William T. Powers, Bruce Abbott, Timothy A. Carey, David M. Goldstein, Warren Mansell, Richard S. Marken, Bruce Nevin, Richard Robertson, & Martin Taylor
Perceptual Control Theory (PCT) provides a general theory of functioning for organisms. At the conceptual core of the theory is the observation that living things control the perceived environment by means of their behavior. Consequently, the phenomenon of control takes center stage in PCT, with the epiphenomena of behavior playing an important but supporting role. The first part of the paper explains how a negative feedback control system works. This explanation includes the basic equation from which one can see what is required for control to be possible. The second part of the paper describes demonstrations that the reader can download from the Internet and run, so as to learn the basics of control by experiencing and verifying the phenomenon directly. The third part of the paper shows the application of PCT to psychological research, learning and development, conflict, and psychotherapy. This summary of the current state of the field celebrates the 50th Anniversary of the first major publication in PCT (Powers, Clark & MacFarland, 1960).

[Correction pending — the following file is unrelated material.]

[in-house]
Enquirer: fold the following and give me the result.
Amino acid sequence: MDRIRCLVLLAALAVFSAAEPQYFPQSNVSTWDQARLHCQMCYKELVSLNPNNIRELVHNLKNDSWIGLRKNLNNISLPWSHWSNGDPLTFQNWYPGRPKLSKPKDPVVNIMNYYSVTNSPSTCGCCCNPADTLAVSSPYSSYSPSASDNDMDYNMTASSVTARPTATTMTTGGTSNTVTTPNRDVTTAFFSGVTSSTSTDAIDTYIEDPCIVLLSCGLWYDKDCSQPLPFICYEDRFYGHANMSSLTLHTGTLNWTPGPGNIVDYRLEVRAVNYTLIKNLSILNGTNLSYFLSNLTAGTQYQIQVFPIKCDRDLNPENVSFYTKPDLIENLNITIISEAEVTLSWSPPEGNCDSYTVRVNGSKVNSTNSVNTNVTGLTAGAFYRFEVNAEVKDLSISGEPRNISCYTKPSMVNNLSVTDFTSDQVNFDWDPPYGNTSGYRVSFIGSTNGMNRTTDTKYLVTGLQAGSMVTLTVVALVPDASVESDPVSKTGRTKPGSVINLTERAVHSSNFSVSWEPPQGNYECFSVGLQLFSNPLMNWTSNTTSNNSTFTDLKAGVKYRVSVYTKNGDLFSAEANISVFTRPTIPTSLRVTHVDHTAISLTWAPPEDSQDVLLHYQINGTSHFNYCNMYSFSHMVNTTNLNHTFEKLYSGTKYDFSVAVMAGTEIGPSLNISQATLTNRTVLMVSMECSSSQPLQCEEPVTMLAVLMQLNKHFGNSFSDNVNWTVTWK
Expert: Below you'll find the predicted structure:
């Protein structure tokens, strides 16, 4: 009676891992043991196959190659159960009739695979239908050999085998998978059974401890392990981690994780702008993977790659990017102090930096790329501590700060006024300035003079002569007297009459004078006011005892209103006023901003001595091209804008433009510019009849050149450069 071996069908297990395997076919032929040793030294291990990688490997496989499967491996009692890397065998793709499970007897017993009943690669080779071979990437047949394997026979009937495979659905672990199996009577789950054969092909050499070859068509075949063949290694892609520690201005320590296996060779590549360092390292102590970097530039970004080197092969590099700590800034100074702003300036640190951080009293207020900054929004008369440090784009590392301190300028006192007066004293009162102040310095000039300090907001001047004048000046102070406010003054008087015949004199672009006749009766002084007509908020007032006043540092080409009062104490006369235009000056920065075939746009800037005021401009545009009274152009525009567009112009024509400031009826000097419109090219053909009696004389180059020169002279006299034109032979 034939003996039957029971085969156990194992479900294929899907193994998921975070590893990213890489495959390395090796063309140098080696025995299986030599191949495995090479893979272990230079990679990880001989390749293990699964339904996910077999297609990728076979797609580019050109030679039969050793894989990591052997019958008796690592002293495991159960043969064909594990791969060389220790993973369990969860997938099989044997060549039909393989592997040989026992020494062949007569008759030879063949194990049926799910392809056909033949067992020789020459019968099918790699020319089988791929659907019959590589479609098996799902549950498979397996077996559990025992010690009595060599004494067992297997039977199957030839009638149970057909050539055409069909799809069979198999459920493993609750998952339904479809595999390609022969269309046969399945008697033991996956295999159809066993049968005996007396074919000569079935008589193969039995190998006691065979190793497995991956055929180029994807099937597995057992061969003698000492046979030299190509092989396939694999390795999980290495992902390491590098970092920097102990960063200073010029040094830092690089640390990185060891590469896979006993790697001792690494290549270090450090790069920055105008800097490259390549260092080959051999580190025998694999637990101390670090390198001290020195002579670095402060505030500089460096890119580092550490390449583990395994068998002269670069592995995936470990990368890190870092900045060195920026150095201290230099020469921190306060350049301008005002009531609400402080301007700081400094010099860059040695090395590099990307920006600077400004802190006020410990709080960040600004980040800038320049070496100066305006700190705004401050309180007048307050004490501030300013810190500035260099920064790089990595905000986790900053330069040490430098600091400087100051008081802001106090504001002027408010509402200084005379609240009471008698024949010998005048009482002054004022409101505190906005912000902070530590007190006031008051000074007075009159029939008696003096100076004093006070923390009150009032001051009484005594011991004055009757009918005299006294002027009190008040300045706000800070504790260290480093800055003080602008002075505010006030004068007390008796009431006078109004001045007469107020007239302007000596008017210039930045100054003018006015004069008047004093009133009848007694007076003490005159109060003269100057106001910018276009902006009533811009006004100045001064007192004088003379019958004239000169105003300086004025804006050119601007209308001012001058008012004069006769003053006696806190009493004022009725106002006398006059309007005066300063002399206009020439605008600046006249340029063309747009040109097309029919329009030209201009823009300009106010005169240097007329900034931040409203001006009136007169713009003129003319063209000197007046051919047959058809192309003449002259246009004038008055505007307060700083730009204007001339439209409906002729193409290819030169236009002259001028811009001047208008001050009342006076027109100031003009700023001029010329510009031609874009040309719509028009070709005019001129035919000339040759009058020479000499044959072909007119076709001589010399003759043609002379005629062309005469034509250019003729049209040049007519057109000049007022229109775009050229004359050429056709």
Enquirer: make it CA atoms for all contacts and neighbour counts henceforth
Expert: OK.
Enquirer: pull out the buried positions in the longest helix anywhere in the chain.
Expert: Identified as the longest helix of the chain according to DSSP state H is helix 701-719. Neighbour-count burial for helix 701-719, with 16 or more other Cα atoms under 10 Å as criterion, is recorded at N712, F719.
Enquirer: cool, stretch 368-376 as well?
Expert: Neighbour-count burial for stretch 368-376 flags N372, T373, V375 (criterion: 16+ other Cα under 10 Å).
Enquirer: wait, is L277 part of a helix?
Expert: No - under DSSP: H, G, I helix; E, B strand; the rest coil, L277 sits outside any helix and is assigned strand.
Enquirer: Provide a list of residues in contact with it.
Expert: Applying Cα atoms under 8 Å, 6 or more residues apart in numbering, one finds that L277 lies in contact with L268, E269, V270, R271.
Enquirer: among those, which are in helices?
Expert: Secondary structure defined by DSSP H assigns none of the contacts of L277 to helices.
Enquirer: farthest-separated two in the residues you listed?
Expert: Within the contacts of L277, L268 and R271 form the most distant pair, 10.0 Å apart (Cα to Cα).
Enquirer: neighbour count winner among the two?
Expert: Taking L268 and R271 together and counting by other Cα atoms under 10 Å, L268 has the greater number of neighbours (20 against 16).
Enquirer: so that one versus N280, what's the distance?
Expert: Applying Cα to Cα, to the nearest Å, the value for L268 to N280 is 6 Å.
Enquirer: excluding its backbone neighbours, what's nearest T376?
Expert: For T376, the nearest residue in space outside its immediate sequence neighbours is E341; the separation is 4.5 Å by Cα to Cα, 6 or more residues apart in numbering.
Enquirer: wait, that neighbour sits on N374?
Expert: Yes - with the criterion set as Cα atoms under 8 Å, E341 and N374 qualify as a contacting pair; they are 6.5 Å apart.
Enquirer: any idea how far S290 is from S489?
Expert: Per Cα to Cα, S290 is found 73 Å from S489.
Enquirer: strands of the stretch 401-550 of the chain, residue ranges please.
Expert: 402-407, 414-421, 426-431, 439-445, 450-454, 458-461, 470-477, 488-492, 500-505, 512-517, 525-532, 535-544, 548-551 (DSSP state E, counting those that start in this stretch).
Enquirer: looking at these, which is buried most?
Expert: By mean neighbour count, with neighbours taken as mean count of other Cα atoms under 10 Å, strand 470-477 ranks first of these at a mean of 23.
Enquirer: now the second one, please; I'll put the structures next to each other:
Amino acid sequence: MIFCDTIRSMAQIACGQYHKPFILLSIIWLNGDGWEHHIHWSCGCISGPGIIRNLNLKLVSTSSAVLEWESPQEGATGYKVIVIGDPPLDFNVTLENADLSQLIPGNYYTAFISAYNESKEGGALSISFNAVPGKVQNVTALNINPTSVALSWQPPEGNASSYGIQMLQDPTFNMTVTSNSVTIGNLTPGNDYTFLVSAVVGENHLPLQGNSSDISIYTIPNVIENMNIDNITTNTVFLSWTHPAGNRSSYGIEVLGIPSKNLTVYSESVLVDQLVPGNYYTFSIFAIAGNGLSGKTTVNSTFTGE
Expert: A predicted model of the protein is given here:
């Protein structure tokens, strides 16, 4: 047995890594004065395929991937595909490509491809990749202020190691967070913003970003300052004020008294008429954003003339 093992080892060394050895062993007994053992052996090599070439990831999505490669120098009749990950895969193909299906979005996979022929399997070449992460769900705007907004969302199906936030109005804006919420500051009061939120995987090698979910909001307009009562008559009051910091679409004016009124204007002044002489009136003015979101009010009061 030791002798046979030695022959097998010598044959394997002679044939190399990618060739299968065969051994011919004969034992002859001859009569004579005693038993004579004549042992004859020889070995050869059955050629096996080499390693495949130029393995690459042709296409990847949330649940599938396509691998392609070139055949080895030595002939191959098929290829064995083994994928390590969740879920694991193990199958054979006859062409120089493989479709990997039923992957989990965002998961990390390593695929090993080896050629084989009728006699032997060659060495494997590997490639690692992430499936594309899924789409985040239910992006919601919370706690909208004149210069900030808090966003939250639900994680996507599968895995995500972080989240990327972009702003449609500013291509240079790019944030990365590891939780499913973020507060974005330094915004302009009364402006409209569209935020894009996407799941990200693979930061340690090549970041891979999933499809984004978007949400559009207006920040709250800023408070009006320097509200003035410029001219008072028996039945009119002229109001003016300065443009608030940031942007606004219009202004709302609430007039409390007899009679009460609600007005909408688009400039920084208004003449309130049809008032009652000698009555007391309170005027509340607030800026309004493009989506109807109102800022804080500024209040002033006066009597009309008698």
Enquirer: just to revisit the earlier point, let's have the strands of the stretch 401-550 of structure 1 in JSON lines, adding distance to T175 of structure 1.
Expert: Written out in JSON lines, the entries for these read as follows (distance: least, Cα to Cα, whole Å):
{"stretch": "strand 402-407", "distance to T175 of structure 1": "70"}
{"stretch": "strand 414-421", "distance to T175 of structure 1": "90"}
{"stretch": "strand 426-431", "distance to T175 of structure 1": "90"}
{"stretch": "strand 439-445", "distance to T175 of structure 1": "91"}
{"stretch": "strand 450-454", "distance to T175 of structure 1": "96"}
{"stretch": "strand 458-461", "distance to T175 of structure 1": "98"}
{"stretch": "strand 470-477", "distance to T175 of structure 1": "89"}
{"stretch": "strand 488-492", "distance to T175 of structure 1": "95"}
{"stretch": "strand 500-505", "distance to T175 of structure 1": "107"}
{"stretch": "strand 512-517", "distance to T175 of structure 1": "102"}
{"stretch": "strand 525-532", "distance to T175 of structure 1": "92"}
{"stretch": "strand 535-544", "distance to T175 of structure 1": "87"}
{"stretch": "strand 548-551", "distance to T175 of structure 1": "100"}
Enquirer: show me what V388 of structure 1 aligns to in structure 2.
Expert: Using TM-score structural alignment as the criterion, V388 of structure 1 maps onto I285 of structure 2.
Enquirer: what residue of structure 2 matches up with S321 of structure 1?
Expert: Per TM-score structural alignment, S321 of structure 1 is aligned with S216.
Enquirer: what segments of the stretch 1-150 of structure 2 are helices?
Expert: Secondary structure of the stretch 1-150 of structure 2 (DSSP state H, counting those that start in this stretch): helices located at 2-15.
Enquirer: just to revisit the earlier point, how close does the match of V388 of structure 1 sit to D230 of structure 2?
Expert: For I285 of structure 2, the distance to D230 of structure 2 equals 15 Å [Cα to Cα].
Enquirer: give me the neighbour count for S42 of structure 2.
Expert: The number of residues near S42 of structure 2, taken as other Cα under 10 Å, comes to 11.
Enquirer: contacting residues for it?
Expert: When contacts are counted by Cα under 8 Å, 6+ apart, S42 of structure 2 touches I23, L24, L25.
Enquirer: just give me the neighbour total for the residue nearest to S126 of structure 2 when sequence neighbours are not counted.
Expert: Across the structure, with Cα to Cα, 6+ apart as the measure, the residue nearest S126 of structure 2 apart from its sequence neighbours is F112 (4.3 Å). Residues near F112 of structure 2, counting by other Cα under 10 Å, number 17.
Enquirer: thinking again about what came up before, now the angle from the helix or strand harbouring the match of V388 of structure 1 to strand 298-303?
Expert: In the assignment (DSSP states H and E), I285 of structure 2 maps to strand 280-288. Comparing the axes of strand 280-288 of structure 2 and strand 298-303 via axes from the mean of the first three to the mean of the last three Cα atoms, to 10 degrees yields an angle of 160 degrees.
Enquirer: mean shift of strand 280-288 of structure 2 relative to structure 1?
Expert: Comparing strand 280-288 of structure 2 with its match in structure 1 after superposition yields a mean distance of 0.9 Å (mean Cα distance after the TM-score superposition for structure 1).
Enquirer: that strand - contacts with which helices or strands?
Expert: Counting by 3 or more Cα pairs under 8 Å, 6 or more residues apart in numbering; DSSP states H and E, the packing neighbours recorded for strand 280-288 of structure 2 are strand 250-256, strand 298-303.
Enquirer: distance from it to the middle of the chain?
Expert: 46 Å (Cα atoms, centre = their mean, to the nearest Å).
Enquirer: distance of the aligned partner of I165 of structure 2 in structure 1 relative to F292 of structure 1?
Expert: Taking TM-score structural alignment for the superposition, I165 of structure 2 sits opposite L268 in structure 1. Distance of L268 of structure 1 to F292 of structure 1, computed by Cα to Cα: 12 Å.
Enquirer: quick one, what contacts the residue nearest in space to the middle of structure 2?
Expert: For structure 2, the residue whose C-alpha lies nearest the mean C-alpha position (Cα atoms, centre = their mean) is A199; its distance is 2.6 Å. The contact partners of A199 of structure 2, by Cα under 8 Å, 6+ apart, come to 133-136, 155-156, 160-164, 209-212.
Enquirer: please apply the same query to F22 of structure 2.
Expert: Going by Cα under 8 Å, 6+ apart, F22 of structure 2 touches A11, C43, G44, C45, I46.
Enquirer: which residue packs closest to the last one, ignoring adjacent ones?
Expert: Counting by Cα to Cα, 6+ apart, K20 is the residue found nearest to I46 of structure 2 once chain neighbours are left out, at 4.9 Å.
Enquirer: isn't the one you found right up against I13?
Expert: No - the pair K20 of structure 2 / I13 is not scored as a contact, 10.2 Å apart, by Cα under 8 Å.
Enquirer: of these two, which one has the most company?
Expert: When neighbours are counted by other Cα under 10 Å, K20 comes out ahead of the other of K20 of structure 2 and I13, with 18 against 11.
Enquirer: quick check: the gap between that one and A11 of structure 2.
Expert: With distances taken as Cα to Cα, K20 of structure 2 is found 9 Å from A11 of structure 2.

Key words: Nature of control, Control theory, Control of perception, Negative Feedback, Computer Models, Conflict and control